object Evolution {
  import scala.util.Random.{nextBoolean, nextInt, nextDouble}

  /** Generate a random string. */
  def randomString(n: Int) = (1 to n).map(_ => (nextInt(96)+32).toChar).mkString

  /** Generate a random, initial population of DNA sequences. */
  def initialPopulation(n: Int): IndexedSeq[String] = {
    for (_ <- 1 to n) yield randomString(nextInt(20) + 10)
  }

  /** An implicit class to add functionality to a DNA string. */
  implicit class DNA(s: String) {

    /** Calculate how close this string is to a target string. Calculate the
      * delta between each character and when one string is longer than the
      * other assume null (\u0000) for the character.
      *
      * A fitness value of 0.0 is a perfect match. As the strings diverge,
      * make the fitness exponentially larger.
      */
    def fitness(target: String): Double = {
      (0 until target.size.max(s.size)).foldLeft(0.0) { (f, i) =>
        val a = s.lift(i).map(_.toInt).getOrElse(0)
        val b = target.lift(i).map(_.toInt).getOrElse(0)

        // square the delta between two characters
        f + (a - b) * (a - b)
      }
    }

    /** Since a new DNA sequence is a combination of "mom" and "dad", the
      * first step is to crossover two DNA sequences: take a slice of one
      * and a slice of the other and combine them together.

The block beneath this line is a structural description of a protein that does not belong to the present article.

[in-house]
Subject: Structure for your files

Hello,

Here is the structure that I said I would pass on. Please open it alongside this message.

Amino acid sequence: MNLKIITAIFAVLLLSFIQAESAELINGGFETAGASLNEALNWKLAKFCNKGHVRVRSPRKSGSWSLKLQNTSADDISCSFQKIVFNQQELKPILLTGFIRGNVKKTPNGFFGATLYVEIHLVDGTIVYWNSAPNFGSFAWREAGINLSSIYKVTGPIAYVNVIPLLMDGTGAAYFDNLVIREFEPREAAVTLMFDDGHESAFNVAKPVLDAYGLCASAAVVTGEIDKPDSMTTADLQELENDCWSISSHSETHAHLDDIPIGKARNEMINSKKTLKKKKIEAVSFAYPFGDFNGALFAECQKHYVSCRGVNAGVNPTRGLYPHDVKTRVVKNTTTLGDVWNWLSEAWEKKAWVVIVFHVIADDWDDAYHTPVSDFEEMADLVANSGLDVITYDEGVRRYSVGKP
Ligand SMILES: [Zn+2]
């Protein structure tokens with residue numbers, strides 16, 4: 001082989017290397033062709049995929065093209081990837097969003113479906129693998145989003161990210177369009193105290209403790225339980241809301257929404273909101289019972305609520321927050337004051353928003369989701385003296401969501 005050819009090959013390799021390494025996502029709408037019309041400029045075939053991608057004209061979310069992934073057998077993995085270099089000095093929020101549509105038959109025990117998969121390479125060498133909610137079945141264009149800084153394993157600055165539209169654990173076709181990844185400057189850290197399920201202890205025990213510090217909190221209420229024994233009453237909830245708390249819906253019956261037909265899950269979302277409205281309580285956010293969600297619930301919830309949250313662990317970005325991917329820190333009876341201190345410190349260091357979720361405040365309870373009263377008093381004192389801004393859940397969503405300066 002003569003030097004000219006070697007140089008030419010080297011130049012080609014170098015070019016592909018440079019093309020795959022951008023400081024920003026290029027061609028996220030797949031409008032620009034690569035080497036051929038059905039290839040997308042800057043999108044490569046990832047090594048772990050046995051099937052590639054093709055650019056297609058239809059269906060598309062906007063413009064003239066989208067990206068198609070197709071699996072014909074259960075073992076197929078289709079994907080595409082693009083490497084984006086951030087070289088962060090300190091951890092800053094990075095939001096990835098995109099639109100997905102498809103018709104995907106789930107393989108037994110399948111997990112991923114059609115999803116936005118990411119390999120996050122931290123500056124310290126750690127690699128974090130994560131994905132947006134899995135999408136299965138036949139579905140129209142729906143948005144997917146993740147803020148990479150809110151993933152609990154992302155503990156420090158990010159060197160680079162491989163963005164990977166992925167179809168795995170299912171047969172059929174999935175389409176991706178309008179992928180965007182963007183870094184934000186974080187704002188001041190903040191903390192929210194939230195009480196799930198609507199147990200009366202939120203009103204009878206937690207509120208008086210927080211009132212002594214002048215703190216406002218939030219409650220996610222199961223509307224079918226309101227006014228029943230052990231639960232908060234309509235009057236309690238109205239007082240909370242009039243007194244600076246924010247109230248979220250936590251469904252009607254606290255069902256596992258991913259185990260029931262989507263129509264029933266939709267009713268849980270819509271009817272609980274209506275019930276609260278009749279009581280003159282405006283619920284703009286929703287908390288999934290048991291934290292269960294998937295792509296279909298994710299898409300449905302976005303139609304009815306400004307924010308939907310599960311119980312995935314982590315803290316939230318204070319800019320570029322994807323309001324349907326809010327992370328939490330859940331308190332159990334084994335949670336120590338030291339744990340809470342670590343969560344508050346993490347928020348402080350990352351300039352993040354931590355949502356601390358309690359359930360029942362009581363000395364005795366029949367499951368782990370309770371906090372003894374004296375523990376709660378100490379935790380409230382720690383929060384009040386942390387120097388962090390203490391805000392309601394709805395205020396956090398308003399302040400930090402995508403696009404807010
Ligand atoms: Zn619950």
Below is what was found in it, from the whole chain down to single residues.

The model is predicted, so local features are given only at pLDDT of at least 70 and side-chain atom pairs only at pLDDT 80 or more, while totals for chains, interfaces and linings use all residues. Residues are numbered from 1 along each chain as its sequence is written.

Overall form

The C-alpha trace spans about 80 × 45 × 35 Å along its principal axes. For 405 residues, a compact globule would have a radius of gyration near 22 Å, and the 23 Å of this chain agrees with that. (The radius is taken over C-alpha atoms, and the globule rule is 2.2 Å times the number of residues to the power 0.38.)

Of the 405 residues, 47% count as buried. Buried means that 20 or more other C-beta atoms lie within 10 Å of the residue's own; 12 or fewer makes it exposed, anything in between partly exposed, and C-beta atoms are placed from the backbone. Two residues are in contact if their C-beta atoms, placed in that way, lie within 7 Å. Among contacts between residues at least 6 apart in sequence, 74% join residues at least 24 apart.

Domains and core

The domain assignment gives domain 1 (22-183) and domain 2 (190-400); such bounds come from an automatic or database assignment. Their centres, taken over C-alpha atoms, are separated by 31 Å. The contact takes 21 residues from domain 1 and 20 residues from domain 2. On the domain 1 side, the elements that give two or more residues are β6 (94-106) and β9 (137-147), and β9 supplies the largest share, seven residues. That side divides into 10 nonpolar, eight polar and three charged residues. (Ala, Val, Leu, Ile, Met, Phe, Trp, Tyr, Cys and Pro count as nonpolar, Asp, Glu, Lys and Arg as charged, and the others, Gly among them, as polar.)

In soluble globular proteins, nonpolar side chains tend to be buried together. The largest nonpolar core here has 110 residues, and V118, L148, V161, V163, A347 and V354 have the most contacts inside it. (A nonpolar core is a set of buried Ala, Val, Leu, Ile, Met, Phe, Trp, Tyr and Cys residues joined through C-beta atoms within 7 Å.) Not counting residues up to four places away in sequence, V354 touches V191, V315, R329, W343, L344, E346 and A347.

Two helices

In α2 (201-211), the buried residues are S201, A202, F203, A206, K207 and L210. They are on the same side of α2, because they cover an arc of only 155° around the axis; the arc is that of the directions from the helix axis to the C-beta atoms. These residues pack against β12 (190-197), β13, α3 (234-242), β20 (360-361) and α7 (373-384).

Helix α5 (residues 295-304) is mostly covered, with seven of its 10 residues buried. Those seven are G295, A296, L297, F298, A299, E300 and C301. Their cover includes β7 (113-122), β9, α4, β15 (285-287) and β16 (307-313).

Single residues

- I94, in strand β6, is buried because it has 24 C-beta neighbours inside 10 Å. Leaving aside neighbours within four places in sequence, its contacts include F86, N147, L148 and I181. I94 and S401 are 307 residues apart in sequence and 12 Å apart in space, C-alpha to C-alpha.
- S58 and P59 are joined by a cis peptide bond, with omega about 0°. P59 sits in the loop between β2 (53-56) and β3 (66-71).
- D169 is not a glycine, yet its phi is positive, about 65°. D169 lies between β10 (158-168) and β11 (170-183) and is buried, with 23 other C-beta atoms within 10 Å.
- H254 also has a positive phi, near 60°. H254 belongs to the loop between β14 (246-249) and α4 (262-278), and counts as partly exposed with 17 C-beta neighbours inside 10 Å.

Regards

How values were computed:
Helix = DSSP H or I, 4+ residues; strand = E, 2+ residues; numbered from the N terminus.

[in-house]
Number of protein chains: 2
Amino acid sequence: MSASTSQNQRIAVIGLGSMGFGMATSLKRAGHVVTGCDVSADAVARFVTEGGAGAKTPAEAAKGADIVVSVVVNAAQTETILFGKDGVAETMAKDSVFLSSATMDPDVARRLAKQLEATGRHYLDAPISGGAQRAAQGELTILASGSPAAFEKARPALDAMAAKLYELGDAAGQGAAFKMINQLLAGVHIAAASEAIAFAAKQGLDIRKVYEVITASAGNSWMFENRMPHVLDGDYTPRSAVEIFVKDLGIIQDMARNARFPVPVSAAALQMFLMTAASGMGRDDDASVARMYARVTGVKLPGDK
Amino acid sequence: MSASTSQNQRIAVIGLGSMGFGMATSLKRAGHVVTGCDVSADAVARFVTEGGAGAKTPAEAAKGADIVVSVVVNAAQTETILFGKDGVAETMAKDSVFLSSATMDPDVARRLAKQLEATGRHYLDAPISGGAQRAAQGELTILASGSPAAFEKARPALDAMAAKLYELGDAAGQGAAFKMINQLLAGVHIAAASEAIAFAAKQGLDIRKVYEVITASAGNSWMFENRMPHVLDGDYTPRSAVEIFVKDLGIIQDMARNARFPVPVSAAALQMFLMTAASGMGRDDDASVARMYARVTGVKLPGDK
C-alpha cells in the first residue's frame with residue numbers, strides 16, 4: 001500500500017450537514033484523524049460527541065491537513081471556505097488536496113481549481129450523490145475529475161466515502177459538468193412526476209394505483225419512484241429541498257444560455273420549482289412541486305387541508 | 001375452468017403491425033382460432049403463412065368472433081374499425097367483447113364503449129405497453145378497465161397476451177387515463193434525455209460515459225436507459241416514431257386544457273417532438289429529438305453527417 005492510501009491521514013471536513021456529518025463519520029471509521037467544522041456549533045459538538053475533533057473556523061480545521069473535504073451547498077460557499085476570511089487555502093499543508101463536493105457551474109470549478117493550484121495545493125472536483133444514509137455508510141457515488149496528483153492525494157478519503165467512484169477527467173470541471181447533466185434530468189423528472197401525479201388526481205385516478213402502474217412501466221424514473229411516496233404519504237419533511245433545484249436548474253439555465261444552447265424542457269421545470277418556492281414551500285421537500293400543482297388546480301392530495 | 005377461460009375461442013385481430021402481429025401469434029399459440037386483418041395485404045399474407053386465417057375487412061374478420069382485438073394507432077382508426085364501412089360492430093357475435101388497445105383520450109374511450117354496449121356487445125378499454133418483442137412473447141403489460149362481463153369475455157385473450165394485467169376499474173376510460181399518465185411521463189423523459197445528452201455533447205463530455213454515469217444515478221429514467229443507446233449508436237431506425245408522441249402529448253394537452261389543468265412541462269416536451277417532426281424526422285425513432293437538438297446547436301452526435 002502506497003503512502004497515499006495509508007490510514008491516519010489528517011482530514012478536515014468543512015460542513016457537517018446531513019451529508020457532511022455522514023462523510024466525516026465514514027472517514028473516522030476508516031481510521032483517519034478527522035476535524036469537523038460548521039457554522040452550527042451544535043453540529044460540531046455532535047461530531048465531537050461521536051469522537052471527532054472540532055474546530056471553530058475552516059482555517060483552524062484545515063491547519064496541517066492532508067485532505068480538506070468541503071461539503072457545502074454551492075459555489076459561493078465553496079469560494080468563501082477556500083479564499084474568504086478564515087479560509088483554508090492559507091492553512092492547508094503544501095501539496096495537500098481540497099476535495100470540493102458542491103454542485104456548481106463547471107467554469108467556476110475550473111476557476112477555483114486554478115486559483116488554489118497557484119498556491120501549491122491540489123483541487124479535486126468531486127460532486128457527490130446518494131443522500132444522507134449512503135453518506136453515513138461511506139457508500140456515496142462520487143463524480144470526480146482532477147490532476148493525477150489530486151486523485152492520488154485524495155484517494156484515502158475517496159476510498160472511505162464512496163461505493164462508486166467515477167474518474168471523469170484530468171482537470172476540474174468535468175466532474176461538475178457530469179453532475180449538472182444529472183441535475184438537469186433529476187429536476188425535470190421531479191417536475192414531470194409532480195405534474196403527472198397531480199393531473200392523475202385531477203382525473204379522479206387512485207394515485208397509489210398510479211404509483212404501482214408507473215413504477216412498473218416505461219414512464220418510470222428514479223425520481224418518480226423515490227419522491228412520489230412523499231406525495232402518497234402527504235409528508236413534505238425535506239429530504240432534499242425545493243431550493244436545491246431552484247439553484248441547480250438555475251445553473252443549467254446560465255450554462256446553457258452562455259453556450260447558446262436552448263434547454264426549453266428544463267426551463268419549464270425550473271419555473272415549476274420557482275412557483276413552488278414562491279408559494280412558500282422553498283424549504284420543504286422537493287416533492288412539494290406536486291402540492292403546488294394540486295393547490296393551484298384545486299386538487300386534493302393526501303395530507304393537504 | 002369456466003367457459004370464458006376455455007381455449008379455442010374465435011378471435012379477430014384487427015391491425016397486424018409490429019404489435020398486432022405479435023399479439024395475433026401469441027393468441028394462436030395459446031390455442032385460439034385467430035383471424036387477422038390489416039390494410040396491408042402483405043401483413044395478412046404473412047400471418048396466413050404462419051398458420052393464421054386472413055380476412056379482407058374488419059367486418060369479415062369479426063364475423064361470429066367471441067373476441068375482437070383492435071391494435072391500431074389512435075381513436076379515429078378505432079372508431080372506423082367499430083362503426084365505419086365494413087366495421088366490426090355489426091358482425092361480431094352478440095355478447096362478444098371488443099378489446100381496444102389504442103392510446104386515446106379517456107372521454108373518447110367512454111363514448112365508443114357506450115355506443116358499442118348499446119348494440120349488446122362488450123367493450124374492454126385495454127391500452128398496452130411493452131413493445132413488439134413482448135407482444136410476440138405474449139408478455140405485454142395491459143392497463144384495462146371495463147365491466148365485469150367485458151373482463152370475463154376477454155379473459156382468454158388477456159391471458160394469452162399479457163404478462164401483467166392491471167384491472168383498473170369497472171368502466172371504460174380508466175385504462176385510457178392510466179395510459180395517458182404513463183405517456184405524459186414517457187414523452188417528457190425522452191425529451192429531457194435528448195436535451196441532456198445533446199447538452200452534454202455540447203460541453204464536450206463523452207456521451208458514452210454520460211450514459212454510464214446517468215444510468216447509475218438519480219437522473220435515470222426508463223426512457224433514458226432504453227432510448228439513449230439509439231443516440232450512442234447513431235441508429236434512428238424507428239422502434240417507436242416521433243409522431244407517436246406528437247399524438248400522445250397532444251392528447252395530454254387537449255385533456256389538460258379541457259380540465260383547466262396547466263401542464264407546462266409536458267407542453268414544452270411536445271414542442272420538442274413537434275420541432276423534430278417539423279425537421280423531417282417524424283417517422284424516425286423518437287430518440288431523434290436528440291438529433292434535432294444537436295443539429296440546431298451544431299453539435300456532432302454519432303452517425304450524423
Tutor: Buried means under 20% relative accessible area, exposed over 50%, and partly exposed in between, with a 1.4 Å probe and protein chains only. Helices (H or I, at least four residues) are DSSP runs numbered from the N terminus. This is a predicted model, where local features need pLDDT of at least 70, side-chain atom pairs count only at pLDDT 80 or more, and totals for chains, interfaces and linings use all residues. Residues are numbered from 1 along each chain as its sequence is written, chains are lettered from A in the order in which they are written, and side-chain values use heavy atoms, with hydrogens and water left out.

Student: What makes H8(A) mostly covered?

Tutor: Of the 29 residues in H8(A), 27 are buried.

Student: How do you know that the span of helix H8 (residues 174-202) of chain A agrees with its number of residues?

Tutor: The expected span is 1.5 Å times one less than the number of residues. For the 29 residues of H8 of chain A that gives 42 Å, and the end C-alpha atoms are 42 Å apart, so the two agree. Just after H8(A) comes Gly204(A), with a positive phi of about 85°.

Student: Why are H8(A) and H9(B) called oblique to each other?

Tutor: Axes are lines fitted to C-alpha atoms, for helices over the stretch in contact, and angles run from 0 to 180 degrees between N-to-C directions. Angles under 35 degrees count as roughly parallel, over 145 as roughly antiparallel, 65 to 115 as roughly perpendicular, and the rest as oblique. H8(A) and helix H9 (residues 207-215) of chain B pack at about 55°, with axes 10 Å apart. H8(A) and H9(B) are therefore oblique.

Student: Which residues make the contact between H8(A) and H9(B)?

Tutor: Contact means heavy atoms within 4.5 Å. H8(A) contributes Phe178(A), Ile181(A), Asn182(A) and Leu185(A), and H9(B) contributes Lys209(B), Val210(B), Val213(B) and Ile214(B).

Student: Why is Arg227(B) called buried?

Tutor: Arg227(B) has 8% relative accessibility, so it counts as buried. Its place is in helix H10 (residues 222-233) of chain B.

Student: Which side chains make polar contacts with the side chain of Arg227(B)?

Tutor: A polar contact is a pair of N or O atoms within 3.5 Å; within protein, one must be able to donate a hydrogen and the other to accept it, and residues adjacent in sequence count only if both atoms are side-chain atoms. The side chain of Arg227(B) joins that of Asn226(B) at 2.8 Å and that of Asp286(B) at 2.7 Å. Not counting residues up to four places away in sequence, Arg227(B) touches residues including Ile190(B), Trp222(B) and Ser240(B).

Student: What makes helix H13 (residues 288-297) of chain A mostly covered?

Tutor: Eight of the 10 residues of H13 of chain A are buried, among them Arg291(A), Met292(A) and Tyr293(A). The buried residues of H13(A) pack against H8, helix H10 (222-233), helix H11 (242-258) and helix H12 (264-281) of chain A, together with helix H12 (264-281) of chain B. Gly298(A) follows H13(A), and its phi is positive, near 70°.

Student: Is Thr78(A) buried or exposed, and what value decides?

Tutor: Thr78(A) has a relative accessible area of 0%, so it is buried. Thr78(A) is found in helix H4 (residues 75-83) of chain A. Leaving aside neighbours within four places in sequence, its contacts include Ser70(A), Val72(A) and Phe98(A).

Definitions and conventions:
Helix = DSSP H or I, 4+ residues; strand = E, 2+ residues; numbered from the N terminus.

*/
    def cross(c: String): String = {
      val i = nextInt(c.size.min(s.size))

      // take some from one string and some from the other
      if (nextBoolean) {
          c.take(i) + s.drop(i)
      } else {
          s.take(i) + c.drop(i)
      }
    }

    /** Mutations are a random change within a DNA sequence. One or more
      * bases within the original DNA strand are removed and a new sequence
      * replaces it. The new sequence can be shorter or longer.
      */
    def mutate(mutationRate: Double = 0.1): String = {
      if (nextDouble >= mutationRate) {
        return s
      }

      // what character(s) to replace (i), how many (r), and with how many (n)
      val i = nextInt(s.size)
      val r = nextInt(3)+1
      val n = nextInt(3)

      // patch the string with a new sequence
      s.patch(i, randomString(n), r)
    }
  }

  /** An implicit class for manipulating populations of DNA sequences. */
  implicit class Population(xs: IndexedSeq[String]) {

    /** Returns a population sorted by fitness to a particular string. */